Throwback Thursday: MC Students Stringy, Rude

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March 31, 1980
March 31, 1980

Pete Herbert

I met a foreign student the other night. I had just gotten out of a philosophy class and was walking toward the campus library where I would prepare for the next day’s classes. I was thinking upon the warmth that would greet me upon entering but to my disappointment, I would discover something about Americans which I would find hard to take in and swallow.

When I went in, I sat down across from another student and said hello. He welcomed my greeting by returning it. He was an Iranian student who was reading the evening star for the purpose of brushing up on his english and reading comprehension and to learn something about America and Americans.

I was in the mood to talk; I wanted to put the case I had just gotten out of behind me. As we talked, it became more enjoyable for the two of us. We talked about American culture and society and the contrast with the Middle Eat.

I couldn’t believe it when he told me that I was the first student that he had talked with at any length within the last nine months or so. I just couldn’t believe that this guy had been given such a cold shoulder. I could then see why the notion that this being the friendliest country in the world would have very little meaning to him.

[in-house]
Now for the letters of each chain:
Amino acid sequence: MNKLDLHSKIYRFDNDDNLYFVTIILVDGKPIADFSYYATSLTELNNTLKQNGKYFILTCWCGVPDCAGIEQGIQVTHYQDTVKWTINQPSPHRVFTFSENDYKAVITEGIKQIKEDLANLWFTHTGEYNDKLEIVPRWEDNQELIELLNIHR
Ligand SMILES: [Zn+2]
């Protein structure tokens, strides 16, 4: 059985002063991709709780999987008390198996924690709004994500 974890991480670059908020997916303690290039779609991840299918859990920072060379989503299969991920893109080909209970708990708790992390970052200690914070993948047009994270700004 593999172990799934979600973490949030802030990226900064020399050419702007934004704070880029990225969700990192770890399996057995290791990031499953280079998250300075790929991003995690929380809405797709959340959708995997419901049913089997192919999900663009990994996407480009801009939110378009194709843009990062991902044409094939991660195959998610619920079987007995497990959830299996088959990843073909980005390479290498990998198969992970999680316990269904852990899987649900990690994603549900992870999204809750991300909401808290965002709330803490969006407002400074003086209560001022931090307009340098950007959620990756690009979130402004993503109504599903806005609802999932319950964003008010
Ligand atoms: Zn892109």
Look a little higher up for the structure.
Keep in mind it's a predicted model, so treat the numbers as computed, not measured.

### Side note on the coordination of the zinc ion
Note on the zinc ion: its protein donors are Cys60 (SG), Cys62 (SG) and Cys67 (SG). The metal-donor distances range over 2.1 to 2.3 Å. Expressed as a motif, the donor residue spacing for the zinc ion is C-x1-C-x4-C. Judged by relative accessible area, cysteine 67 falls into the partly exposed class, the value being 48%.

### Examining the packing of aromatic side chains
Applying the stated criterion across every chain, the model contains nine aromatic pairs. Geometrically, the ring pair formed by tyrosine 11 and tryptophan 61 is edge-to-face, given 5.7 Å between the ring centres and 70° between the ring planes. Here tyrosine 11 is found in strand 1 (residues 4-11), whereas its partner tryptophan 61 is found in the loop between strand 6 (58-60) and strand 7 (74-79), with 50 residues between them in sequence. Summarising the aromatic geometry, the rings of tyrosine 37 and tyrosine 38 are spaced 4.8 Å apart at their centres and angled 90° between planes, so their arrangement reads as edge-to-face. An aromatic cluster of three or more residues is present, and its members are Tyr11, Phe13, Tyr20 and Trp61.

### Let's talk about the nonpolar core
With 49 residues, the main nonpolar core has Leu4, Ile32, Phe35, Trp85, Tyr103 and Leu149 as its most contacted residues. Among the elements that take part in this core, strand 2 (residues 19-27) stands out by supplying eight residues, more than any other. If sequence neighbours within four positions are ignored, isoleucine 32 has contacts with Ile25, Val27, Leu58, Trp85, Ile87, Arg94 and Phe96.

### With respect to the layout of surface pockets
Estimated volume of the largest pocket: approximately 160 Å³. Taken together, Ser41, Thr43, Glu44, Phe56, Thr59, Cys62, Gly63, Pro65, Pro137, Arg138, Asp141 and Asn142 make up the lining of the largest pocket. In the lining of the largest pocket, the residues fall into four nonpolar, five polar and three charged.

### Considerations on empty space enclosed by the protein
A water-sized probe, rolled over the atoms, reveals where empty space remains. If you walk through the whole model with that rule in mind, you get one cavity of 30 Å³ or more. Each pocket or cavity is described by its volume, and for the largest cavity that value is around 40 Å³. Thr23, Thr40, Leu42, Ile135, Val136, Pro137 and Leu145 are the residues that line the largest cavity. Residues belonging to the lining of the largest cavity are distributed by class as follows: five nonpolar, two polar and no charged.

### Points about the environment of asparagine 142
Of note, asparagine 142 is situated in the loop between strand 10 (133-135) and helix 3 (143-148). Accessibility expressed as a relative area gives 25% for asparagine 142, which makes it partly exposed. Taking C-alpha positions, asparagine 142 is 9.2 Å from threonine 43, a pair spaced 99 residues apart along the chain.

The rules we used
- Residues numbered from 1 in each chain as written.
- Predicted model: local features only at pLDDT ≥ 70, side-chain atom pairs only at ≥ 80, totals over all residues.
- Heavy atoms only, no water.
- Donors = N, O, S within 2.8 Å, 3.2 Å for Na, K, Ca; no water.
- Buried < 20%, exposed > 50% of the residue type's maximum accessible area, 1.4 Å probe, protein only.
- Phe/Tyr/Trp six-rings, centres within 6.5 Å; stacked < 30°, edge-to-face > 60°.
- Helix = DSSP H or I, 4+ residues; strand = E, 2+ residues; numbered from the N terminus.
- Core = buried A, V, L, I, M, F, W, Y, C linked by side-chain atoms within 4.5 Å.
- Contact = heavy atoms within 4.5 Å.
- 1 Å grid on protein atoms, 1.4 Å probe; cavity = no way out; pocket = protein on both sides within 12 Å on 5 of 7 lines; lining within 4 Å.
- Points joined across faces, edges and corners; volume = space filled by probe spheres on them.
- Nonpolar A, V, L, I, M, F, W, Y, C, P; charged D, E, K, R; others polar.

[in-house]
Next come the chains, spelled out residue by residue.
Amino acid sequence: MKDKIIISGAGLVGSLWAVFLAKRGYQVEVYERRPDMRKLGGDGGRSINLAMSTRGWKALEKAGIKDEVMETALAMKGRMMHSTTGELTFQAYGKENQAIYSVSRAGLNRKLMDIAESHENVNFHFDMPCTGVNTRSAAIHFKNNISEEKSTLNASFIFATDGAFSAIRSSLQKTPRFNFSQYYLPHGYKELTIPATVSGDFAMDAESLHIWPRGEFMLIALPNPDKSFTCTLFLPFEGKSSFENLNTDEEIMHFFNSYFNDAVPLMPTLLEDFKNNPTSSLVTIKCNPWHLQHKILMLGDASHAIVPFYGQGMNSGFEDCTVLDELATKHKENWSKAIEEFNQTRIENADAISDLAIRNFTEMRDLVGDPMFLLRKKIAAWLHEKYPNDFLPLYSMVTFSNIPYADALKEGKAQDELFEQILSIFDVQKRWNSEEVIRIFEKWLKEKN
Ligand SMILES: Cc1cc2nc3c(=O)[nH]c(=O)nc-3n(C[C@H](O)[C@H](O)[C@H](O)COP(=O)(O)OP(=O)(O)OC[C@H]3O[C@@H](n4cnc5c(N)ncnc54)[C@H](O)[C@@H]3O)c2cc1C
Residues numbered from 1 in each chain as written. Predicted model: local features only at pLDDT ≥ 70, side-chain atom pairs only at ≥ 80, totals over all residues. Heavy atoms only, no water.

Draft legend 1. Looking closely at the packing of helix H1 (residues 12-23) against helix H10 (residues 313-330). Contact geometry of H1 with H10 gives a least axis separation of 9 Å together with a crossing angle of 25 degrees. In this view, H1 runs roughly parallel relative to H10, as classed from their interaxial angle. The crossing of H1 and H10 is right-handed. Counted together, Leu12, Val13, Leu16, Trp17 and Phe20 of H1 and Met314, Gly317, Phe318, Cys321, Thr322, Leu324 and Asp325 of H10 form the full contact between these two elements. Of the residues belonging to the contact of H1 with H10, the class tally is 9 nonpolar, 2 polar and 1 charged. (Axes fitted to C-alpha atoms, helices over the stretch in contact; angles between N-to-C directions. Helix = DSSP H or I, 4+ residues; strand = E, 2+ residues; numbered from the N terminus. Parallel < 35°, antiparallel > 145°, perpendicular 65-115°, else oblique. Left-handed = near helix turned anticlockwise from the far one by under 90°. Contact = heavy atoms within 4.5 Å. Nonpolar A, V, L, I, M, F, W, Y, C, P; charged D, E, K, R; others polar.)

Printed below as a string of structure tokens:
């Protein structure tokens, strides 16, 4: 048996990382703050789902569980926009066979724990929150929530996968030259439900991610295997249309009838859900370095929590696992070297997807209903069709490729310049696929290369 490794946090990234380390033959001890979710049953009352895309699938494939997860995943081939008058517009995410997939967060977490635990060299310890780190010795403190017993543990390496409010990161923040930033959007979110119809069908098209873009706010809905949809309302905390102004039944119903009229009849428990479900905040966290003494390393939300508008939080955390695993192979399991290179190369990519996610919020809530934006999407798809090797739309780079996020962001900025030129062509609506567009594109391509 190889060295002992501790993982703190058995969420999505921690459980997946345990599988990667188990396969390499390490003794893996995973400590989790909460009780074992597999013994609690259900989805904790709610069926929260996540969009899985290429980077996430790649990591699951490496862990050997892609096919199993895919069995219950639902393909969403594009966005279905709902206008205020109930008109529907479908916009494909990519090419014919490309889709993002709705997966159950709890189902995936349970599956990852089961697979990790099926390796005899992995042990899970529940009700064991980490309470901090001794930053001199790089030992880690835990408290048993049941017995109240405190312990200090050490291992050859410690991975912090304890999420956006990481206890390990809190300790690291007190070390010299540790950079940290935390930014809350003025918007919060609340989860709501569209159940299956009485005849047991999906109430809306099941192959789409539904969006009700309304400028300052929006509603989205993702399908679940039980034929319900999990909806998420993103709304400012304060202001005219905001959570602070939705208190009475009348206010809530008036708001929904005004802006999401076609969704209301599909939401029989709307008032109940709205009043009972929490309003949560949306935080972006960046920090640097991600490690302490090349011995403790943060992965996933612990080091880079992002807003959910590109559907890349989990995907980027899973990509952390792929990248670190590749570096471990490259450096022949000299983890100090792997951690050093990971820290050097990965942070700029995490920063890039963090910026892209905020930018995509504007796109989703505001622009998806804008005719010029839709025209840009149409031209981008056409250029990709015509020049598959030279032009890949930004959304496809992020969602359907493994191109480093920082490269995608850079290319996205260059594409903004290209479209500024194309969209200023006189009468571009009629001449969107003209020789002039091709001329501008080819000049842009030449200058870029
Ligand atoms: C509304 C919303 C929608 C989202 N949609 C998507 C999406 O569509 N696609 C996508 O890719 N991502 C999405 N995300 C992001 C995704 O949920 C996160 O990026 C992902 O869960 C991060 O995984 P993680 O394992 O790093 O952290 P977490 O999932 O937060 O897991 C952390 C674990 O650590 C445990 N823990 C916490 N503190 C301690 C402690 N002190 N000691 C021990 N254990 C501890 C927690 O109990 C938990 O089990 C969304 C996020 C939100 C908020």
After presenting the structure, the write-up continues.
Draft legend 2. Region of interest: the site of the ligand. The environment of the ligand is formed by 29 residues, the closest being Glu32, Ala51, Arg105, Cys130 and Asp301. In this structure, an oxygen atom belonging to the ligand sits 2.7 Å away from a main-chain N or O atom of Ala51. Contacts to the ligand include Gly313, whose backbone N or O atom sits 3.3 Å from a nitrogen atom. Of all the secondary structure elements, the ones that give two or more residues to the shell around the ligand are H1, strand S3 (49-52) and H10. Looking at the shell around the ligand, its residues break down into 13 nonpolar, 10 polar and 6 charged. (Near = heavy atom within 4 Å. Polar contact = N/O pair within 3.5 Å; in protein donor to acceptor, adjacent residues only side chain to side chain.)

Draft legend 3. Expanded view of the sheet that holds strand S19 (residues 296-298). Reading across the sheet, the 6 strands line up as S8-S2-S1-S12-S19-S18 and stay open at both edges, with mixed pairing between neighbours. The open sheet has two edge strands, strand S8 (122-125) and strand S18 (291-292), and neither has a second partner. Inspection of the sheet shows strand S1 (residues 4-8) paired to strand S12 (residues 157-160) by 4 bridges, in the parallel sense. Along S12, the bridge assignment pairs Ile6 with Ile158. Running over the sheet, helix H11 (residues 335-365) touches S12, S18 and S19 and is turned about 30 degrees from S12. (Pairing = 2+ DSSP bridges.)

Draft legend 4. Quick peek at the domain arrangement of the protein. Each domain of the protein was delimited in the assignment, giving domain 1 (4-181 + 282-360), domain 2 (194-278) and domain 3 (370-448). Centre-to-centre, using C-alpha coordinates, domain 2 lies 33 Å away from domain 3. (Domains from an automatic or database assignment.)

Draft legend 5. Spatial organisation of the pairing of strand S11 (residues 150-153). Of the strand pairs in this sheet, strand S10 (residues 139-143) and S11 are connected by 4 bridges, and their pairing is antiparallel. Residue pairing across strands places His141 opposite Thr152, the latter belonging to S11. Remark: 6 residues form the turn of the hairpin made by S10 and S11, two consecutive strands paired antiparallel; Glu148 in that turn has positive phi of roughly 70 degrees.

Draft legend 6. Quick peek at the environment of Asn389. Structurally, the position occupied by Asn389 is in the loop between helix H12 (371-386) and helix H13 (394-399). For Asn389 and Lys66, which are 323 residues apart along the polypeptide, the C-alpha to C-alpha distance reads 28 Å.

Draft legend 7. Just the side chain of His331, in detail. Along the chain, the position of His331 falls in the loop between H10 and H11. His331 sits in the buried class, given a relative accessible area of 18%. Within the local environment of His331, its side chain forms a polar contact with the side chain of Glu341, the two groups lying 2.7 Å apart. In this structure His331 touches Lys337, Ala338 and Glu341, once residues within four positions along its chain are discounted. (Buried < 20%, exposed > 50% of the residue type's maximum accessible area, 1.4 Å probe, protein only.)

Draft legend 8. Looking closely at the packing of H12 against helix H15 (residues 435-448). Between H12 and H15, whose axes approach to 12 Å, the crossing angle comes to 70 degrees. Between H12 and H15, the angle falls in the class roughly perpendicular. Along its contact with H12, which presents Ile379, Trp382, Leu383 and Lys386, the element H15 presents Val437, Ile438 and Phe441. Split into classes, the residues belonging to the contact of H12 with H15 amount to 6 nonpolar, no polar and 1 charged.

He told me of his impressions of American and of its way of life. His impressions were clear and to the point. I saw Americans in Tehran imprisoned within tiny cells around their bodies, but he saw Americans in Montgomery County imprisoned within the tiny cells of their bodies. The reasons for such a pathetic condition were obvious to him. This country suffers from acute materialism and hedonism coupled with a national sense of international superiority. He had no trouble seeing this fact of 20th century American life.

We talked of values and tradition. As he told me of the importance of patriotism and religious commitment in his country, I thought the naive patriotism which is characteristic and evident in various forms across this country and of the moral and religious values that this country had and has had and what is , and what ought to be.

At first I laughed, but later, I was disturbed when he told me of what he had seen on his visit to our nation’s capitol. On the main street, he had seen a few old men standing by the curb.

Occasionally, one would lift his face toward the sky as he held a bottle to his mouth. You must have seen some of the Districts winos, I thought to myself. Then he went on to tell me how at some stoplights, women would come to the window of the car motioning to him.

He was disgusted. So was I. He went on to tell me that those kind of things just didn’t happen in the capitol city of his home country, at least not out in the open. Out of a sort of desperation and consolation, I told him that he couldn’t judge American on the basis of his visit to her capitol. In his attempt to console me of my distress, he told me the that he had trouble understanding and speaking english and now and then, he would ask an American student for help. He was dejected, however, by the stinginess and rudeness of some of the students at Montgomery college in their unwillingness to give him a helping hand. He old me that he had asked one of the American student what a triangle was. The guy replied, “I don’t know. I’m not a math major.”

Is this visiting Iranian student’s impression of America accurate?Will he return to his country to become a 20th century de Tocqueville?